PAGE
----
About this series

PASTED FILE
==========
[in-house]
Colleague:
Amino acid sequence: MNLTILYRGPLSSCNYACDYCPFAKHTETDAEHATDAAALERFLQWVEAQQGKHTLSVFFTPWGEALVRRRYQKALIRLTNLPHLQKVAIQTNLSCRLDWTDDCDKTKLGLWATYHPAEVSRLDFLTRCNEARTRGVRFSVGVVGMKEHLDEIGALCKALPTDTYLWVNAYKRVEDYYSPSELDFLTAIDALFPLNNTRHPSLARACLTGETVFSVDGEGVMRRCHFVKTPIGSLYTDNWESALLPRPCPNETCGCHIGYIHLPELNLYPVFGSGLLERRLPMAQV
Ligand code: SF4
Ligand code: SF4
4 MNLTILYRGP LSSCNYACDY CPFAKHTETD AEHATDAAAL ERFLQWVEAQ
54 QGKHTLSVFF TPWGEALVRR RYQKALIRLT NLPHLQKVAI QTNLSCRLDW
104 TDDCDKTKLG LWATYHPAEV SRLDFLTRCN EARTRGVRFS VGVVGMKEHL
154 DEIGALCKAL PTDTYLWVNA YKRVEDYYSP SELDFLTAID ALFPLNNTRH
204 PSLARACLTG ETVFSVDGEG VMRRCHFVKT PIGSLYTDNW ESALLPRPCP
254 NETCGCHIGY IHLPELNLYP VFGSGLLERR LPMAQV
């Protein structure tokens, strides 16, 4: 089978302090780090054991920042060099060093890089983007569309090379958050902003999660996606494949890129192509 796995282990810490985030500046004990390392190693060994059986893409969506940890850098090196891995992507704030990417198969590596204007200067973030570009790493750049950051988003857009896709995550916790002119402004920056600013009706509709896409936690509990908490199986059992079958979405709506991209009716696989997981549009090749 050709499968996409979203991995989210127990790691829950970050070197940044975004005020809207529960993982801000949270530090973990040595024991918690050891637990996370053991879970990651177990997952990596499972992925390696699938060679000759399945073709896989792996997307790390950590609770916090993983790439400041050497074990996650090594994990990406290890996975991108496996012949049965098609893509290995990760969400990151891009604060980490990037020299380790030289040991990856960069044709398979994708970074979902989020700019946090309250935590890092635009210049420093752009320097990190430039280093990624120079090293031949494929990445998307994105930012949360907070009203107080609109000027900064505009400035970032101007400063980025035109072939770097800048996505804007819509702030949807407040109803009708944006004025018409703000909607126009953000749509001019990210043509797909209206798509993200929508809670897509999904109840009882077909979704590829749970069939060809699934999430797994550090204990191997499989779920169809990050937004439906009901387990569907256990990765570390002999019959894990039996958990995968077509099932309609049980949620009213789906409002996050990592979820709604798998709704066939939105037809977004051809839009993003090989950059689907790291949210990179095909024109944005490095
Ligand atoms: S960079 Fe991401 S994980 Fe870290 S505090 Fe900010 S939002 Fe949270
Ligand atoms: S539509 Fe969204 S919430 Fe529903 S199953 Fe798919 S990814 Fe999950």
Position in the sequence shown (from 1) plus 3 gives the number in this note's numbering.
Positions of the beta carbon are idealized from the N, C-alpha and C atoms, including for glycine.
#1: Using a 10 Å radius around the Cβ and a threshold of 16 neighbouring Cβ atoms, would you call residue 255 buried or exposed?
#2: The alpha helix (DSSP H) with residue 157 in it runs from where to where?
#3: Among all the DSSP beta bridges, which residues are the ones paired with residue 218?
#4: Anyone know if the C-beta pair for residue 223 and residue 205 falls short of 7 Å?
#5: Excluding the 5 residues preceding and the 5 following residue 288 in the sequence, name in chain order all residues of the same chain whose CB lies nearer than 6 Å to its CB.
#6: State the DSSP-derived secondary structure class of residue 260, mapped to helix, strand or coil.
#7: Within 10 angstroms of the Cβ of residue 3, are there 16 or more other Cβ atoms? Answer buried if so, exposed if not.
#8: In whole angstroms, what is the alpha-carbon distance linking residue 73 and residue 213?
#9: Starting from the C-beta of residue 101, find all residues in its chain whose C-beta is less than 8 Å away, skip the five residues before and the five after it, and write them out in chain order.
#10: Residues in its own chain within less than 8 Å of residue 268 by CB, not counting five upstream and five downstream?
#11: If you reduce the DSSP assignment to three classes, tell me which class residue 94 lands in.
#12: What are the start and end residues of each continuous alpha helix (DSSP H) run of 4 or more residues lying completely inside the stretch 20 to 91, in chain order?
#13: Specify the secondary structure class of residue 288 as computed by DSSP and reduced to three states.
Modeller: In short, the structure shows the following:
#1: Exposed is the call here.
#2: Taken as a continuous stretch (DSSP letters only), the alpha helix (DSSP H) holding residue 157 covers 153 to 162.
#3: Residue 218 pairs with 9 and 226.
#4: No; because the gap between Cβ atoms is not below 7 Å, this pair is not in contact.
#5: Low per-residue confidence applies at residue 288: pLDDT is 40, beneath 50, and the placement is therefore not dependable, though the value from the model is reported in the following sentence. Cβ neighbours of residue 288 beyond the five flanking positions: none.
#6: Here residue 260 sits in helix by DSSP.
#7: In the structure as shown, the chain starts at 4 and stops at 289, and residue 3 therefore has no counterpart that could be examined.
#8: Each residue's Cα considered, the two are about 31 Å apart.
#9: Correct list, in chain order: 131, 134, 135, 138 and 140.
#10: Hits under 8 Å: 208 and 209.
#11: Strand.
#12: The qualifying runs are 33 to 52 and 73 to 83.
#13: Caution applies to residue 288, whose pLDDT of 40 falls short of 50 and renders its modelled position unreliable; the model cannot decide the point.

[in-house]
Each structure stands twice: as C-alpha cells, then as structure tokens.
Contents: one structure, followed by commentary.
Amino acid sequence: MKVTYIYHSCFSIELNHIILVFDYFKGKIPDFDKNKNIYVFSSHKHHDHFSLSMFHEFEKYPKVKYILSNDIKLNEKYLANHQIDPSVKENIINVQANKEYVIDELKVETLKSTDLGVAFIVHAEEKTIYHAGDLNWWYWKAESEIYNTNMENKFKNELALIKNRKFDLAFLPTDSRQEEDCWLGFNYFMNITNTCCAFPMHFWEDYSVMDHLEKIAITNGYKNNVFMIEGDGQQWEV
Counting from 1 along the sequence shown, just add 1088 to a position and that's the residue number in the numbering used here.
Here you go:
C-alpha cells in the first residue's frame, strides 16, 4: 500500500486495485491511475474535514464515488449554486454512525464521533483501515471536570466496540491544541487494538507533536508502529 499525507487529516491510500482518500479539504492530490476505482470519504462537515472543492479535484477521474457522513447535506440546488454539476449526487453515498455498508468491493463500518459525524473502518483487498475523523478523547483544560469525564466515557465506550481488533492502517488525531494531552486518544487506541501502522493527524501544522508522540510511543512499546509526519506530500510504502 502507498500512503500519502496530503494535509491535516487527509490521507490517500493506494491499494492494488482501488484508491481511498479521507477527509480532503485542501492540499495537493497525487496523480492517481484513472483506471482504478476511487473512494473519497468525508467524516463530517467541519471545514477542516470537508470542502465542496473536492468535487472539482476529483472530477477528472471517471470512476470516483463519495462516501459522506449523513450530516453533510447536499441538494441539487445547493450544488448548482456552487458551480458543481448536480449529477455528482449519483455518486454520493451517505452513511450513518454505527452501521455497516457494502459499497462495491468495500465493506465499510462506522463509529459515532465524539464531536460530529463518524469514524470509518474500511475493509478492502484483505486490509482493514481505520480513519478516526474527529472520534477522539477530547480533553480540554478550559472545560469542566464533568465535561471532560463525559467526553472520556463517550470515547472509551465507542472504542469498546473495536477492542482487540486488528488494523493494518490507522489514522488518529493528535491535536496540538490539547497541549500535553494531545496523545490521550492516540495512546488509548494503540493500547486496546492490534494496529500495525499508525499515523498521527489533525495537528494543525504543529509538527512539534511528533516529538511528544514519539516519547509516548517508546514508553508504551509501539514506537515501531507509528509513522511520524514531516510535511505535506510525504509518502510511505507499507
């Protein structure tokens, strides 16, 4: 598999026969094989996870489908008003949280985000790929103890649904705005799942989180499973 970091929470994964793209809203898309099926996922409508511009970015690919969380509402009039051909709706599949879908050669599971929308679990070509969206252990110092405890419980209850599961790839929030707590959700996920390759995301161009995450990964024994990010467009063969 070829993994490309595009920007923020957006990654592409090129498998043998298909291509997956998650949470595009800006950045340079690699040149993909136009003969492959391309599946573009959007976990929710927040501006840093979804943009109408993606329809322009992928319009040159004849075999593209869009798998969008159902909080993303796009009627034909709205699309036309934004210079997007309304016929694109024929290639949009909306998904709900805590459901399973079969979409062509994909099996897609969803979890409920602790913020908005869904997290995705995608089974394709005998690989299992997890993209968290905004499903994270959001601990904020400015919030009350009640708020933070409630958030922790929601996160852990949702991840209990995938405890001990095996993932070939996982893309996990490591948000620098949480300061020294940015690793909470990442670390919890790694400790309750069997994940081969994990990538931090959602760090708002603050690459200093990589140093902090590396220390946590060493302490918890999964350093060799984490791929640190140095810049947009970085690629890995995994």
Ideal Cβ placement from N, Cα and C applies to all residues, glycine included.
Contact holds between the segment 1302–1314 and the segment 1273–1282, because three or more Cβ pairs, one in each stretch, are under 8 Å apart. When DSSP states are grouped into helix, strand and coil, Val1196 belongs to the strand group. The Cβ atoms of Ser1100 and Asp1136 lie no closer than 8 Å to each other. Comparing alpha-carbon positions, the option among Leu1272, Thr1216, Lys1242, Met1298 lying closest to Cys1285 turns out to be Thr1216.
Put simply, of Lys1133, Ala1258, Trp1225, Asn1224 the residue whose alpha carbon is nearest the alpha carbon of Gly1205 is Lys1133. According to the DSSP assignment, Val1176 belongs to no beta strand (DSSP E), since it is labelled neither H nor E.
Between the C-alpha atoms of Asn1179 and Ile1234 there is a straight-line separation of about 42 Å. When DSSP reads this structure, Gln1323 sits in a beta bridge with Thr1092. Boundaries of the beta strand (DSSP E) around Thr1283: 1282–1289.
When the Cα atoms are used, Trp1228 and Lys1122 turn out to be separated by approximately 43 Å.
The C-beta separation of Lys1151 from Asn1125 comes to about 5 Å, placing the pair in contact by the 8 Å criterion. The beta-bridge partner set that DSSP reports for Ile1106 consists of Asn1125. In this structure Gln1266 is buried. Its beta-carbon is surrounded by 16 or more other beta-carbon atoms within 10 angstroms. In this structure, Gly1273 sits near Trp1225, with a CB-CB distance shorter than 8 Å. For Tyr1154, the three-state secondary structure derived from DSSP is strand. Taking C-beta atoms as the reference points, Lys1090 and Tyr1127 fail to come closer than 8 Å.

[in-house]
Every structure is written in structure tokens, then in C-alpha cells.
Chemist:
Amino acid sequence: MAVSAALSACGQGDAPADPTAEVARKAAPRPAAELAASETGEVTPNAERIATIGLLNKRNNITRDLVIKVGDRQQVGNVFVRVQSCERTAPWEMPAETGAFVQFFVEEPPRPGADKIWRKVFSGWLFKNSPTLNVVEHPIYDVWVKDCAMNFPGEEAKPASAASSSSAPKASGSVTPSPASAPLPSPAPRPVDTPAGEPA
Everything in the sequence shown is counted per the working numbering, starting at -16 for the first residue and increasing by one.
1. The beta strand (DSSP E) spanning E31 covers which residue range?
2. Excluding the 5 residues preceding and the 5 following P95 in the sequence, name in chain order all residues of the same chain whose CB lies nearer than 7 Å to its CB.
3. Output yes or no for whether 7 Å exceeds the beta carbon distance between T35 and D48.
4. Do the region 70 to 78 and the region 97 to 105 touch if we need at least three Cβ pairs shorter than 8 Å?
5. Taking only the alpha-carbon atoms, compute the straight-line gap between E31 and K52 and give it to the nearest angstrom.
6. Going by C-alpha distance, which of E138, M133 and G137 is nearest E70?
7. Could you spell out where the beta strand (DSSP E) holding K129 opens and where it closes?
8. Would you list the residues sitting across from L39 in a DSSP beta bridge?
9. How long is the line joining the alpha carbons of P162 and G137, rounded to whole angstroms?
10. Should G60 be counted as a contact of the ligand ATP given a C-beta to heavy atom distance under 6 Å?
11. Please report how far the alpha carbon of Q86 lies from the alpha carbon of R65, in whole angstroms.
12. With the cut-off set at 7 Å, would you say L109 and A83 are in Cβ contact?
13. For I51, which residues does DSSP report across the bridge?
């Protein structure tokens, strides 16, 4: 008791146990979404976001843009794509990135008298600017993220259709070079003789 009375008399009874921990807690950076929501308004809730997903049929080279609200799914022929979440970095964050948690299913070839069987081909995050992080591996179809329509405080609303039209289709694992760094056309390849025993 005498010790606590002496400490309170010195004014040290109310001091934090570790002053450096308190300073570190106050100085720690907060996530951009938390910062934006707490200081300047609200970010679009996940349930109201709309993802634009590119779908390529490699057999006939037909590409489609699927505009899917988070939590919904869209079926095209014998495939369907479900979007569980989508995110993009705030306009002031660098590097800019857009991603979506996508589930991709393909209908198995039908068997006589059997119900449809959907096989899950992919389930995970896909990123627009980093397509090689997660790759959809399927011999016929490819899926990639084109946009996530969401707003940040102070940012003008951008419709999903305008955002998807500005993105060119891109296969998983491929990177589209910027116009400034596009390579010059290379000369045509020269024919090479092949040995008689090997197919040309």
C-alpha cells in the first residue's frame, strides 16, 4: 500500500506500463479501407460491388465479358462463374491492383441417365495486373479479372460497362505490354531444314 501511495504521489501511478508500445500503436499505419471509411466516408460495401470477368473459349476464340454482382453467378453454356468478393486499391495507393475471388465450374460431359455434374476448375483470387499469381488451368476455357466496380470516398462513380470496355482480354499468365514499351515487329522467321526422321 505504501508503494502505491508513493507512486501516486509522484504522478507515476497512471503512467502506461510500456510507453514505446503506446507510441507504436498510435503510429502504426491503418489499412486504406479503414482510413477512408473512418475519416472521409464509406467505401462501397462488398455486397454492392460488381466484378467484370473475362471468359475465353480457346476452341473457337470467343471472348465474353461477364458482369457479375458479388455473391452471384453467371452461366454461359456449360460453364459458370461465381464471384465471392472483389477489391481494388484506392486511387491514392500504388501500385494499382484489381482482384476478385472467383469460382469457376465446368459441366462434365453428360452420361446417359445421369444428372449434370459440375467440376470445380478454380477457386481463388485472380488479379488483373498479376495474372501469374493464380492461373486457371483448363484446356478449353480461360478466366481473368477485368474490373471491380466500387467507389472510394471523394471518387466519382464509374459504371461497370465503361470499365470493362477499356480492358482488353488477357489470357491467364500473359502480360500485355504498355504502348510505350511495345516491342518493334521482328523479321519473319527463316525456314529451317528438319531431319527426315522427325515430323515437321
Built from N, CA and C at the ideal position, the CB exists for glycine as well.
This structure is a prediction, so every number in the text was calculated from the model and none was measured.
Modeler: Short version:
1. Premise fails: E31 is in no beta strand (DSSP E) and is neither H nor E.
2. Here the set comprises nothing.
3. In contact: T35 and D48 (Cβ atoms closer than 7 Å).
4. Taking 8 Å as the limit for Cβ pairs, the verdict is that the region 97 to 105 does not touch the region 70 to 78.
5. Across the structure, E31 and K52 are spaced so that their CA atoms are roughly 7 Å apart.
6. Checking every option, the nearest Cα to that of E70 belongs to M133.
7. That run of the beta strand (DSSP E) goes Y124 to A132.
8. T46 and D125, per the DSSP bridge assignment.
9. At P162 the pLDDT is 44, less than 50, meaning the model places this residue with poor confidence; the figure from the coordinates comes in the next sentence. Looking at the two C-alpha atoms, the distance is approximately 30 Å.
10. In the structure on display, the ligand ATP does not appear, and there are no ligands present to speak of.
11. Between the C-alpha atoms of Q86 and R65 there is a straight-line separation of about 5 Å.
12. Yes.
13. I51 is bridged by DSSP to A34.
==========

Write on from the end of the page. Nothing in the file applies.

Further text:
Wellbeing in Politics and Policy will bring new lenses through which to understand the significance of the dramatic rise of interest in wellbeing as a goal of public policy. While a number of academic disciplines have been influential in both shaping and seeking to explain developments, the Politics discipline has been relatively silent, leaving important theoretical and empirical insights largely absent from debates: insights that have increasing significance as political interest grows. This series will provide a distinctive addition to the field that puts politics and policy at the centre, while embracing interdisciplinary contributions. Contributions will be encouraged from various subfields of the discipline (e.g., political theory, comparative politics, governance and public policy, international relations) and from those located in other disciplines that speak to core political themes (e.g., accountability, gender, inequality, legitimacy and power). The series will seek to explore these themes through policy studies in a range of settings – international, national and local. Comparative studies – either of different policy areas and/or across different settings – will be particularly encouraged. The series will incorporate a wide range of perspectives from critical to problem-solving approaches, drawing on a variety of epistemologies and methodologies. The series welcomes Pivots, edited collections and monographs.